An endangered plant species, Amorphophallus titanum takes up to ten years to cultivate in captivity. Dubbed the “corpse flower,” it’s one of the largest, most rancid smelling plants on the planet, and only blooms every few years. Growing public interest in these rare specimens, which reek of rotting flesh, has prompted botanical gardens and university greenhouses to broadcast their special blooms to audiences worldwide. Earlier this year, Josh Chesarek, founder of Simple Thought Productions, oversaw one such live stream for two corpse flowers at Rollins College in Florida. Josh sat down with us to talk about the project and his workflow, among other topics. Continue reading for highlights from our conversation.
How did you get involved in the project?
Rollins College Greenhouse Manager Alan Chryst obtained the college's first seedling in 2004, with only one blooming over a decade later. I’d worked with the Rollins team on streaming that event, as well as other projects across the college, so as they began preparations for two anticipated 2022 blooms, they reached out to our team about setting up a live stream workflow. Naturally, I was thrilled to take on such a unique project.
What differentiates this project from others?
It’s not every day as a video production pro that you’re asked to capture a live feed of a plant that grows upwards of six feet in under a week and unleashes a scent so rancid that it reminds you of roadkill roasting on a desert road at summer’s peak. I also like to problem solve, so the environmental conditions made it a fun challenge. We had to figure out the right gear to withstand incredibly hot, humid, and wet greenhouse conditions; AJA’s HELO H.264 streaming and recording device proved a champion in that challenging environment.
Describe the setup.
We connected a camera to the HELO providing audio and video over SDI, with HELO connected to Ethernet and a power source, and we streamed a 1080p feed out to YouTube for over 237 consecutive hours. Given the 100-degree temperature and damp greenhouse conditions, we covered the equipment in a large plastic bag sealed around the lens hood of the camera. I opted for HELO over other encoders, largely for its reliability and sturdy design.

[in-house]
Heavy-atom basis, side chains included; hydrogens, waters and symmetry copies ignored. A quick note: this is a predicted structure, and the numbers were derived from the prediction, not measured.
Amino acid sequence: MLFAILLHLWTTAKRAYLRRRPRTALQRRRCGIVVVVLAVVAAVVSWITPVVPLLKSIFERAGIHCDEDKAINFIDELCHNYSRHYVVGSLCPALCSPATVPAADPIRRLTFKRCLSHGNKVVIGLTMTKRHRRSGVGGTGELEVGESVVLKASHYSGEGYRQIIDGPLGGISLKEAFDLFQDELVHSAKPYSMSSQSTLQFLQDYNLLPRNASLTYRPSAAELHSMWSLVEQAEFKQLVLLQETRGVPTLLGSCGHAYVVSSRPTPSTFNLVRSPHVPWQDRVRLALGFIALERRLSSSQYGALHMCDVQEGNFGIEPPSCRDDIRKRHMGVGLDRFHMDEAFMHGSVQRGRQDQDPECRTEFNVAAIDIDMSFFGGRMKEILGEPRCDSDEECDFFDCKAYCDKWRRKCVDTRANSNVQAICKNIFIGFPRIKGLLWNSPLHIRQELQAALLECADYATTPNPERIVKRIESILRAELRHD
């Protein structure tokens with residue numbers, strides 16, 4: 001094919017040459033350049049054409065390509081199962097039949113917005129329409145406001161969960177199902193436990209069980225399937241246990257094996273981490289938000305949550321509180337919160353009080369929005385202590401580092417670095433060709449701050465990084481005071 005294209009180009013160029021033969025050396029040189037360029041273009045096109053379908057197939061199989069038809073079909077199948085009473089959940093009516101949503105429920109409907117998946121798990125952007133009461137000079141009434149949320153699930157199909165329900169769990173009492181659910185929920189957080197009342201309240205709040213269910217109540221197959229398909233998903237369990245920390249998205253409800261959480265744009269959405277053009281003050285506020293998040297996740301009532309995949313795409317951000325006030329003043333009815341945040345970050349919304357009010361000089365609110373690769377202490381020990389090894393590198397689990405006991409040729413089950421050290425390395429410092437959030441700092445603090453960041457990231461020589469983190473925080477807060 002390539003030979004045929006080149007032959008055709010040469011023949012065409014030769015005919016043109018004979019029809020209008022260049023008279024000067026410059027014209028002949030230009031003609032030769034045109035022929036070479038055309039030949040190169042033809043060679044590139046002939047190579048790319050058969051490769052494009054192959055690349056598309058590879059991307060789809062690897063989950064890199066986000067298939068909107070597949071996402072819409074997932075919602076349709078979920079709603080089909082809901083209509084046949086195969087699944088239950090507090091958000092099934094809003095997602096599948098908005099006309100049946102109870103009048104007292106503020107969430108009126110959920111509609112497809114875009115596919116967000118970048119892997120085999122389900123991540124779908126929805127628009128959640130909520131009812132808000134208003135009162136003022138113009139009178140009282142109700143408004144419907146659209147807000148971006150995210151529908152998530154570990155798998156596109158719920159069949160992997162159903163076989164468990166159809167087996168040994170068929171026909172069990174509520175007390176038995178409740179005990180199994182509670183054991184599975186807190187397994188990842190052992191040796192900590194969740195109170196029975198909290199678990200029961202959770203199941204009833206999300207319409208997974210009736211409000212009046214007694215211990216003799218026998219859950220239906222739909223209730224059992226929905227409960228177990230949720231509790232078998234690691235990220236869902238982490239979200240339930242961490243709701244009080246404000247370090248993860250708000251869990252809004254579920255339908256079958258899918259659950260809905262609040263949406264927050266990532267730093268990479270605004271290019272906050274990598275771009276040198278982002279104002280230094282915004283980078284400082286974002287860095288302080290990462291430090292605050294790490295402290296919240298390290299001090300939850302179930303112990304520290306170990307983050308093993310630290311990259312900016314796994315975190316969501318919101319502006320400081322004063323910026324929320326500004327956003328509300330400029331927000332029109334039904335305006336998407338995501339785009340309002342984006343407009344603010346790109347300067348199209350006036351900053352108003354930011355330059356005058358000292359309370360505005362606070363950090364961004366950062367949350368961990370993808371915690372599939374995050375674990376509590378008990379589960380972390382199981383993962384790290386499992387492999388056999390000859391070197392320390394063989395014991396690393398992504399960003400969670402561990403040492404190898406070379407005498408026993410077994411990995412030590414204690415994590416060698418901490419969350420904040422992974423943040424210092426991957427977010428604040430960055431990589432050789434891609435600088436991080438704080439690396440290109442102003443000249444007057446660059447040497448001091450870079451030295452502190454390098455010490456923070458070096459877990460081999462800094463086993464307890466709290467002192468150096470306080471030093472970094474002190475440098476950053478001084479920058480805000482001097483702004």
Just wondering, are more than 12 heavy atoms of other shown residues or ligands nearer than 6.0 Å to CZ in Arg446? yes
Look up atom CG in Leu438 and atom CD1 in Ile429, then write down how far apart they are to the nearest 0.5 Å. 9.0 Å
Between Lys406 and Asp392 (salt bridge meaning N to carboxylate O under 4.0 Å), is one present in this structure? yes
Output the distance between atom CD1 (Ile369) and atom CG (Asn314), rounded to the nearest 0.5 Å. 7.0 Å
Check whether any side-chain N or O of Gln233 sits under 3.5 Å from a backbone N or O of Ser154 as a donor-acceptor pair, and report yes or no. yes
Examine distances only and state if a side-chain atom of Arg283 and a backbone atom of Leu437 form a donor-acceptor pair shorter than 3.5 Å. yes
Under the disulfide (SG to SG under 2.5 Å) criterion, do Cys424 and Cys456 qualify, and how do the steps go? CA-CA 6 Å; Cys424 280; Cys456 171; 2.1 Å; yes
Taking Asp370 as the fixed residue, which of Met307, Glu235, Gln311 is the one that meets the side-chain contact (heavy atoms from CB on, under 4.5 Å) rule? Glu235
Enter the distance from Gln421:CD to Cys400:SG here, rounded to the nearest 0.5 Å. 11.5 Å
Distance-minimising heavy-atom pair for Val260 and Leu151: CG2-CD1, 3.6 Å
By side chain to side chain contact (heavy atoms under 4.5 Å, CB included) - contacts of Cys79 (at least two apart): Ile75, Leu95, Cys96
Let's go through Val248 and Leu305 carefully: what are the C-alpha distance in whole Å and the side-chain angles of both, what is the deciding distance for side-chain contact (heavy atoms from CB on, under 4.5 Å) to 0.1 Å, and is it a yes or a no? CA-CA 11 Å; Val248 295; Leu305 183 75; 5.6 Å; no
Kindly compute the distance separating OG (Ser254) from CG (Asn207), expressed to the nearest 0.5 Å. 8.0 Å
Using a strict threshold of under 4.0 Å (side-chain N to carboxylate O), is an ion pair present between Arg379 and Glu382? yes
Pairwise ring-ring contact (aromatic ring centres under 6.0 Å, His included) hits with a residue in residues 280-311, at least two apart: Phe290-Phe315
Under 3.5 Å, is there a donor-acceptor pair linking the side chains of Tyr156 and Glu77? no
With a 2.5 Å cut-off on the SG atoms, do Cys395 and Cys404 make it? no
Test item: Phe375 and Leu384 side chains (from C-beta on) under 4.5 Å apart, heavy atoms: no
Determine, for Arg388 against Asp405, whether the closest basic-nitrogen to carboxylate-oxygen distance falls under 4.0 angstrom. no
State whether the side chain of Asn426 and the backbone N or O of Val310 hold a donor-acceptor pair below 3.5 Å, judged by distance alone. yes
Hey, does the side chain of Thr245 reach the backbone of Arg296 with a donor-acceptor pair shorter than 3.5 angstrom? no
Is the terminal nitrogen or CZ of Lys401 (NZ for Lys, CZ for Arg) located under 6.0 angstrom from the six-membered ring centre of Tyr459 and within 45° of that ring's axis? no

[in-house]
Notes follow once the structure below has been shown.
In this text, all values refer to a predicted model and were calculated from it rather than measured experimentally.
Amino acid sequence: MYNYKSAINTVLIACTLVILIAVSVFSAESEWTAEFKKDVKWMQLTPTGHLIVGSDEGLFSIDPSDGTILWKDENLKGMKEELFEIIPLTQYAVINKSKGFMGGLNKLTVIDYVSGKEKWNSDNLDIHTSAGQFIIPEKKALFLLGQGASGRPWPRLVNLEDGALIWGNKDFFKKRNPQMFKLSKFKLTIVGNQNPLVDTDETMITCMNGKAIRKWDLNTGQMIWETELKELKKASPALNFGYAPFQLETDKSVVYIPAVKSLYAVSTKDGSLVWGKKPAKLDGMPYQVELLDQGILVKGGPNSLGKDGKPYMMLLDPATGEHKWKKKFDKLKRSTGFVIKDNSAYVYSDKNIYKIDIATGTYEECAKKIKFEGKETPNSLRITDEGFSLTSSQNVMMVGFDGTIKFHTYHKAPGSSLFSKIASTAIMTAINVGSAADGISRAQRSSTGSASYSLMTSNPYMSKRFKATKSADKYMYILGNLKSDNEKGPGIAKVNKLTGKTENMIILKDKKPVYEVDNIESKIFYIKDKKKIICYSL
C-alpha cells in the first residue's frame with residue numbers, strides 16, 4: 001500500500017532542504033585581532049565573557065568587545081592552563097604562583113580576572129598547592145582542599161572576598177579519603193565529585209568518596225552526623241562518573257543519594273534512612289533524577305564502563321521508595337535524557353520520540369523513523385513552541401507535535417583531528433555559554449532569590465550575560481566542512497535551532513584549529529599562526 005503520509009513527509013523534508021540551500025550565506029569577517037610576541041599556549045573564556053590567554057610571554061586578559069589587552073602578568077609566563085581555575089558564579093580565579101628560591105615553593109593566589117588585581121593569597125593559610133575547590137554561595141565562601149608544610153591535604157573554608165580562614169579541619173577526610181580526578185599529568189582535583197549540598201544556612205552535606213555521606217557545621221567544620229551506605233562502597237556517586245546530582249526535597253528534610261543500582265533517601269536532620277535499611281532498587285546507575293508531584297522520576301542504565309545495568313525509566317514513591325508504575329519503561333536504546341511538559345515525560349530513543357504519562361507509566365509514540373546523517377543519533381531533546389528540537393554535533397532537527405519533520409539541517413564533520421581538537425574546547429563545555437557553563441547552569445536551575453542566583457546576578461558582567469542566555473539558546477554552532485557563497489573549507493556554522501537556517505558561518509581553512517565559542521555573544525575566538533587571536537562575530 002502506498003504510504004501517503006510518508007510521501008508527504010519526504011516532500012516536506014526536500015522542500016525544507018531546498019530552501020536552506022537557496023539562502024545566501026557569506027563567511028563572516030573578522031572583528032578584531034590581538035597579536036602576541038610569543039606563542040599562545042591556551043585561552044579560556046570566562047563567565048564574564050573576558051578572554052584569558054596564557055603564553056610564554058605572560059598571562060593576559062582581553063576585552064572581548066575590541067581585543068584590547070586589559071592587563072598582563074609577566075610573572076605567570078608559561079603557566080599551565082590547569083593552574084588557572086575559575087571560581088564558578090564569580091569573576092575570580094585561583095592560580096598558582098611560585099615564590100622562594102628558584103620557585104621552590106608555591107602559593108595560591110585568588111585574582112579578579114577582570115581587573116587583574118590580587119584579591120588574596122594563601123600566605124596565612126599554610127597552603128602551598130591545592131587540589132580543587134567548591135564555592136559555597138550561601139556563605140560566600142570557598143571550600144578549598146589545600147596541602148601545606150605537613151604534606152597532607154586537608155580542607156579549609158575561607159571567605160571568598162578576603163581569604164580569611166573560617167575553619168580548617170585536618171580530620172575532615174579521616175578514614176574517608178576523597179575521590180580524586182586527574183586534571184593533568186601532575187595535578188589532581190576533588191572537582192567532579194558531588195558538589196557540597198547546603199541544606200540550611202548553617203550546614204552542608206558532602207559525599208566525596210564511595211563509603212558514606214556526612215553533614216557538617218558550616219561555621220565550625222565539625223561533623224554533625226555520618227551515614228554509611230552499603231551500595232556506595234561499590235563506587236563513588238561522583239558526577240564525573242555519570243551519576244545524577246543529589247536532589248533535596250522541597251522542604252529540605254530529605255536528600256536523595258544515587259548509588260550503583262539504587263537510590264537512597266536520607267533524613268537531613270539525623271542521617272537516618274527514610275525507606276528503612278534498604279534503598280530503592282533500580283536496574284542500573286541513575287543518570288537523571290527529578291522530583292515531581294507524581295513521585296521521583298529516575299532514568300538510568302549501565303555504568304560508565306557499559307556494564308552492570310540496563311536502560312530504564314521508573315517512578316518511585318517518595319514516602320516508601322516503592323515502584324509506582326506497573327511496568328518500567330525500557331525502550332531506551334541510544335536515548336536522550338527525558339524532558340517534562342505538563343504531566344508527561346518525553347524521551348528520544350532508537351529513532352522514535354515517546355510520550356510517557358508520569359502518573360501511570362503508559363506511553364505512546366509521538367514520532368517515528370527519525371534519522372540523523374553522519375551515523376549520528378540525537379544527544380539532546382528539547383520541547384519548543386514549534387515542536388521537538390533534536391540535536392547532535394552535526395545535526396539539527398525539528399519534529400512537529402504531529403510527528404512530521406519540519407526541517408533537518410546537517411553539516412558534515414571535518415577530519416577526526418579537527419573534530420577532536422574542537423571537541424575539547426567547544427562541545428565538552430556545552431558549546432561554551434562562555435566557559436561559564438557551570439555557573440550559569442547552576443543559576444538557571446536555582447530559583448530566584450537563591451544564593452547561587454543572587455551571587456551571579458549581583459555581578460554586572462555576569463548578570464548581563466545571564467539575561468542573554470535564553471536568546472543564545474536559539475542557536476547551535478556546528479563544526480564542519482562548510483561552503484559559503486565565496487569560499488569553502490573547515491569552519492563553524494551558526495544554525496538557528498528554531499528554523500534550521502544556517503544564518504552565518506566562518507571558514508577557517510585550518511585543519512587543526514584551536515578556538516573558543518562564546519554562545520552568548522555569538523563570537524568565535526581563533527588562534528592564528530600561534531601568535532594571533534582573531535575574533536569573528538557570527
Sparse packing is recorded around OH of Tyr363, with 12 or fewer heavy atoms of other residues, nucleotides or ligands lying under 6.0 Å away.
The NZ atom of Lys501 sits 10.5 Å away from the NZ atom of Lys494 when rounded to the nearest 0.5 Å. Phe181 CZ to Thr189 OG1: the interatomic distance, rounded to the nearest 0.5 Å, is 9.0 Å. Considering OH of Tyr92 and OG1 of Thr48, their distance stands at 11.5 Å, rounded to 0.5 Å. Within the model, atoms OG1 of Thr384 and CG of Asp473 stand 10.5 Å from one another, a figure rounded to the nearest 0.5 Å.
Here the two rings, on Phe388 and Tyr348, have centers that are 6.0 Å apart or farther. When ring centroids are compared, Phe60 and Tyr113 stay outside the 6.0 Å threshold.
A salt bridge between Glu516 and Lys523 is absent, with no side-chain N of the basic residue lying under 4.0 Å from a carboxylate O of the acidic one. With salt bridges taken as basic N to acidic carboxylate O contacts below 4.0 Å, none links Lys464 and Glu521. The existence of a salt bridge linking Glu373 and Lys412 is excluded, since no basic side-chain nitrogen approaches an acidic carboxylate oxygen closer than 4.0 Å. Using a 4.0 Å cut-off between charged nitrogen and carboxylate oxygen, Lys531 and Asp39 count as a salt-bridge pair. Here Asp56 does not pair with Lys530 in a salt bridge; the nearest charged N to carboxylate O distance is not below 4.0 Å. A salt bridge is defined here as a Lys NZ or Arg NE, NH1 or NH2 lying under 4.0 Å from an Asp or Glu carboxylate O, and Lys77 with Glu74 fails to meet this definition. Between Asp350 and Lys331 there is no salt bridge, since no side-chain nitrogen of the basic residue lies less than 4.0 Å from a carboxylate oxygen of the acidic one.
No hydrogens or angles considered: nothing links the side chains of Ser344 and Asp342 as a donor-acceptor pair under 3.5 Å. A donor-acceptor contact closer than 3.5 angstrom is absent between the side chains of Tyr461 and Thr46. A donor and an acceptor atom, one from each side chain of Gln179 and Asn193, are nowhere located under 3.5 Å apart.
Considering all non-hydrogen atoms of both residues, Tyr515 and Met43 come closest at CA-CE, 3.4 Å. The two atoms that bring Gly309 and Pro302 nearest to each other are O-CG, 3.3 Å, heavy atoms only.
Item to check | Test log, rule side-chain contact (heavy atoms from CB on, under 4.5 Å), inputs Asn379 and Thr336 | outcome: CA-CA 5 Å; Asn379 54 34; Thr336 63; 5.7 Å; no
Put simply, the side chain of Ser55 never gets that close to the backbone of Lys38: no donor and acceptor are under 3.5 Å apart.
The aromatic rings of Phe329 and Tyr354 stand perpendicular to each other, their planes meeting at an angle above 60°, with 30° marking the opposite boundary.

During the previous bloom, we used other encoders, which would go offline randomly, and interrupt the stream, so I’d have to stop what I was doing and drive more than 30 minutes roundtrip to campus to unplug and plug in the encoders. This time around we had more than 10,000 viewers tune in without interruption, thanks in large part to the HELO. Once I set everything up on-site, I could access and control it remotely. Every morning, I logged into the HELO web UI to ensure everything was running smoothly and couldn’t believe that both the camera and HELO were running so solid. I kept expecting something to fail in the temperatures and humidity levels I was seeing, but neither the camera nor HELO skipped a beat, even when cooking for nine days in the heat. It was impressive to say the least.
What drew you to video production and streaming?
I’ve always had a passion for the craft, even though it’s not my primary job. I like the challenge of being able to figure out how to solve a problem in a consistent and reliable way with available resources. In this respect, I enjoy trying to replicate broadcast quality content production at a fraction of the cost. This passion led me to develop Simple Thought Productions, which is primarily a live production company.
Tell us more about Simple Thought Productions.
I started dabbling in video production 19 years ago, just as web streaming was becoming popular. I built out my own production workflow and crew and started working with local sports teams and city councils to document live events via video streams and recordings. Eventually this work resulted in the launch of Simple Thought Productions. Since then, we’ve taken on more clients, including EA Games and BASF. Our sweet spot is producing live, interactive event streams across multiple platforms, and we produce anywhere from 40-60 events a year on average. We also do a lot of on-the-ground event work for the City of Orlando and Division 2 Athletics, such as Sunshine State Conference coverage for NCAA basketball, soccer, and lacrosse.
What kind of demand are you seeing for UltraHD?
To the untrained eye, the differences between 1080p, and 4K are not easily distinguishable, and most live events today are streamed in 720p. That said, we’re seeing more interest in higher resolution production, especially in sports. Even if a match isn’t streamed in 4K, some clients are requesting 4K recordings for replay review, the ability to pan and scan, and more. Producing content in 4K from the get-go, even if delivering in HD, tends to yield a better picture quality regardless, so it’s the direction we’re moving. We can easily shoot in 4K, mix the footage with graphics and sound, and hand it over to HELO in 1080p60 for HD streaming.
What advice would you offer to aspiring video pros?
Take the time to research available gear and you won’t be disappointed. I can spend hours sweeping Twitter, YouTube, and Reddit for gear advice, recommendations, and reviews, and it always pays off. That’s how I found HELO. When possible, get out and talk to other professionals and vendors in person. Technology is imperfect, so you’re going to find bugs, but what matters most is how a vendor responds to that feedback, and that’s what I like about AJA. They listen, and work to improve the technology with future updates.